The last three have been over-the-counter crossovers, but that more than counts in the business these days. And his latest two are helping create the OTC smoking cessation category, first with Nicorette gum in April and then NicoDerm CQ patch this August. Together, their total ad spending is $70 million, through Jordan, McGrath, Case & Taylor, New York.
Mr. Quesnelle was first behind the prescription launch of Merrell National Laboratories' Seldane antihistamine in the mid-'80s, and after moving to SmithKline Beecham helped acid blocker Tagamet cross OTC in 1995.
"The biggest obstacle with `smoking cessation,'*" says Mr. Quesnelle, "was to take nicotine-seen as harmful-and use it as a therapy. "
Amazingly, it was the first time the Food &*Drug Administration advisory committee approved a new category at its first hearing, he says.
SKB won a marketing coup when it got a "cause marketing" link with the American Cancer Society behind its two smoking cessation products. Both brands will carry a special dual logo that says, "Partners in helping you quit."
Advertising for Nicorette, the first out of the box and the only gum therapy, used testimonials while NicoDerm CQ's approval followed Johnson & Johnson's Nicotrol. NicoDerm's CQ $35 million promotion has focused more on comparitive selling against Nicotrol.
SKB's patch can be clearly distinguished from J&J's because they offer different programs. NicoDerm CQ has a "step down" program, with three strengths over 10 weeks, compared to a single strength, six-week program from Nicotrol.
As the most prescribed patch, NicoDerm also has the advantage of heritage, with nearly 40% of the flat $268 million prescription patch therapy market before going OTC.
Also leading a current product introduction is Bob Casale and his team behind Warner-Lambert Co.'s Zantac 75 stomach remedy. They created "Z-Day," part of a $125 million marketing blitz behind the OTC version of what had been the world's largest-selling prescription drug.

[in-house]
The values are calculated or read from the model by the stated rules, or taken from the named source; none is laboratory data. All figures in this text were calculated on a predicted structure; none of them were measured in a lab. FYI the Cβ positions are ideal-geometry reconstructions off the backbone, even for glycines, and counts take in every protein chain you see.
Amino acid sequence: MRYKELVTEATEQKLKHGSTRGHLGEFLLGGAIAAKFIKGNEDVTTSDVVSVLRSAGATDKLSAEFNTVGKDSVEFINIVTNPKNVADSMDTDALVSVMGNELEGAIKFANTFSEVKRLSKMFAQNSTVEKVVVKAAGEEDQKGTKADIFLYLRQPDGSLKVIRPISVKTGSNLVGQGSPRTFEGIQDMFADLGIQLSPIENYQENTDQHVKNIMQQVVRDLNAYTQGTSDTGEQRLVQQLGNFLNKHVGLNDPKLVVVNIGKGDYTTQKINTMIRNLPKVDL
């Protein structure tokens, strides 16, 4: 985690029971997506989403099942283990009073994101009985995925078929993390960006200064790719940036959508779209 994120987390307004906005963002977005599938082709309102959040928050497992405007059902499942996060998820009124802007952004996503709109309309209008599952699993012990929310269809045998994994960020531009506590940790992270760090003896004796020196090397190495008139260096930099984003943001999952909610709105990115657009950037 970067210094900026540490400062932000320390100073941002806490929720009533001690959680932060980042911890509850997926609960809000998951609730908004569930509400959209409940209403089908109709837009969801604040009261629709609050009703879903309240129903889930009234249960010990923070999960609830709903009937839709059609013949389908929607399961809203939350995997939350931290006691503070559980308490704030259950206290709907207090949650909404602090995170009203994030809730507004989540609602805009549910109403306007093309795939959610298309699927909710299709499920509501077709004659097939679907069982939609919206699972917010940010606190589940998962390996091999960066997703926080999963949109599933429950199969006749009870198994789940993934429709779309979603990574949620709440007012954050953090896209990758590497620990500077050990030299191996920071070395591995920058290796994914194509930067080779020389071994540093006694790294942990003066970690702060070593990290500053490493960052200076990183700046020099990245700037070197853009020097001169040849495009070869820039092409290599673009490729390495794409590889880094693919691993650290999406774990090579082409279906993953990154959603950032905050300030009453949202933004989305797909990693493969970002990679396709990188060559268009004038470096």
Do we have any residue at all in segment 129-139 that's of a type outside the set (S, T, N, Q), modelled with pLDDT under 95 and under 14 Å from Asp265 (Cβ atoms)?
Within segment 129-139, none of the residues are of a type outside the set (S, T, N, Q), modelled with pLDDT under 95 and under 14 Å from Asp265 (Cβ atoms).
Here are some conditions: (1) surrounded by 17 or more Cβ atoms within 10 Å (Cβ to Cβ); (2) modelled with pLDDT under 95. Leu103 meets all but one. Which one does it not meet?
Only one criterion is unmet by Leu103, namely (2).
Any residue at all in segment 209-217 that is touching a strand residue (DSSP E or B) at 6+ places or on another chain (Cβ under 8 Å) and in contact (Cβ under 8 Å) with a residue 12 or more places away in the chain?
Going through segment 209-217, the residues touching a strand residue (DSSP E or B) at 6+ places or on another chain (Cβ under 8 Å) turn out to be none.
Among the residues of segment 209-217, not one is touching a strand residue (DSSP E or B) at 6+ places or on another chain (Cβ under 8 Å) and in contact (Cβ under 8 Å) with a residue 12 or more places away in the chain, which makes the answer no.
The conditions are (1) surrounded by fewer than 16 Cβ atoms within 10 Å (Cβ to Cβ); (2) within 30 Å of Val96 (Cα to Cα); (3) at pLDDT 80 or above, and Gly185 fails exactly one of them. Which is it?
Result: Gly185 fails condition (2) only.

The multi-city launch in spring 1996 included PR events such as the lighting of office-building windows into the shape of a Z, as well as projecting images onto buildings in New York, Chicago and Los Angeles.
An ad campaign from J. Walter Thompson USA, New York, features actor Brian Dennehy in image-laden locales, like a fiery volcano or a churning sea.
"The brand has a tremendous amount of built-in equity," says Mr. Casale. Though still a bit early for research data, the company claims Zantac 75 captured second place among stomach remedies during the summer.
The battle between those competitors might cause its combatants upset stomachs, but it's nothing like the uncommonly bitter battle this year in analgesics.
Market leader Tylenol, from McNeil Consumer Products Co., and American Home Products' Advil slugged out their differences by challenging one another's safety in TV and print ads.
Donald Casey, McNeil's VP-consumer marketing, steered a portion of the No. 1 brand's $214 million ad budget to pose the possibility of ibuprofen hurting ulcers, while No. 2 brand Advil spotlighted a winning alcohol-interaction suit against Tylenol.
Their efforts caught widespread media attention and caused worry both among drug marketers and ad industry executives that the result could be sales losses for analgesics or even OTC drugs altogether.
The rivalry caused TV networks to pull the offending drug spots, with ABC vowing not to carry any "comparitive claim" ads at all.
In another hot, controversial area, Steven Andrzejewski, marketing manager for the antihistamine Claritin, continues to plow ahead with even greater media support behind that Schering-Plough Corp.'s prescription product.
Consumer spending for the Rx product totaled $30 million in 1995 via Thomas Ferguson Associates, Parsippany, N.J., but exceeded $37 million in just the first half of 1996, as the brand moved into TV.M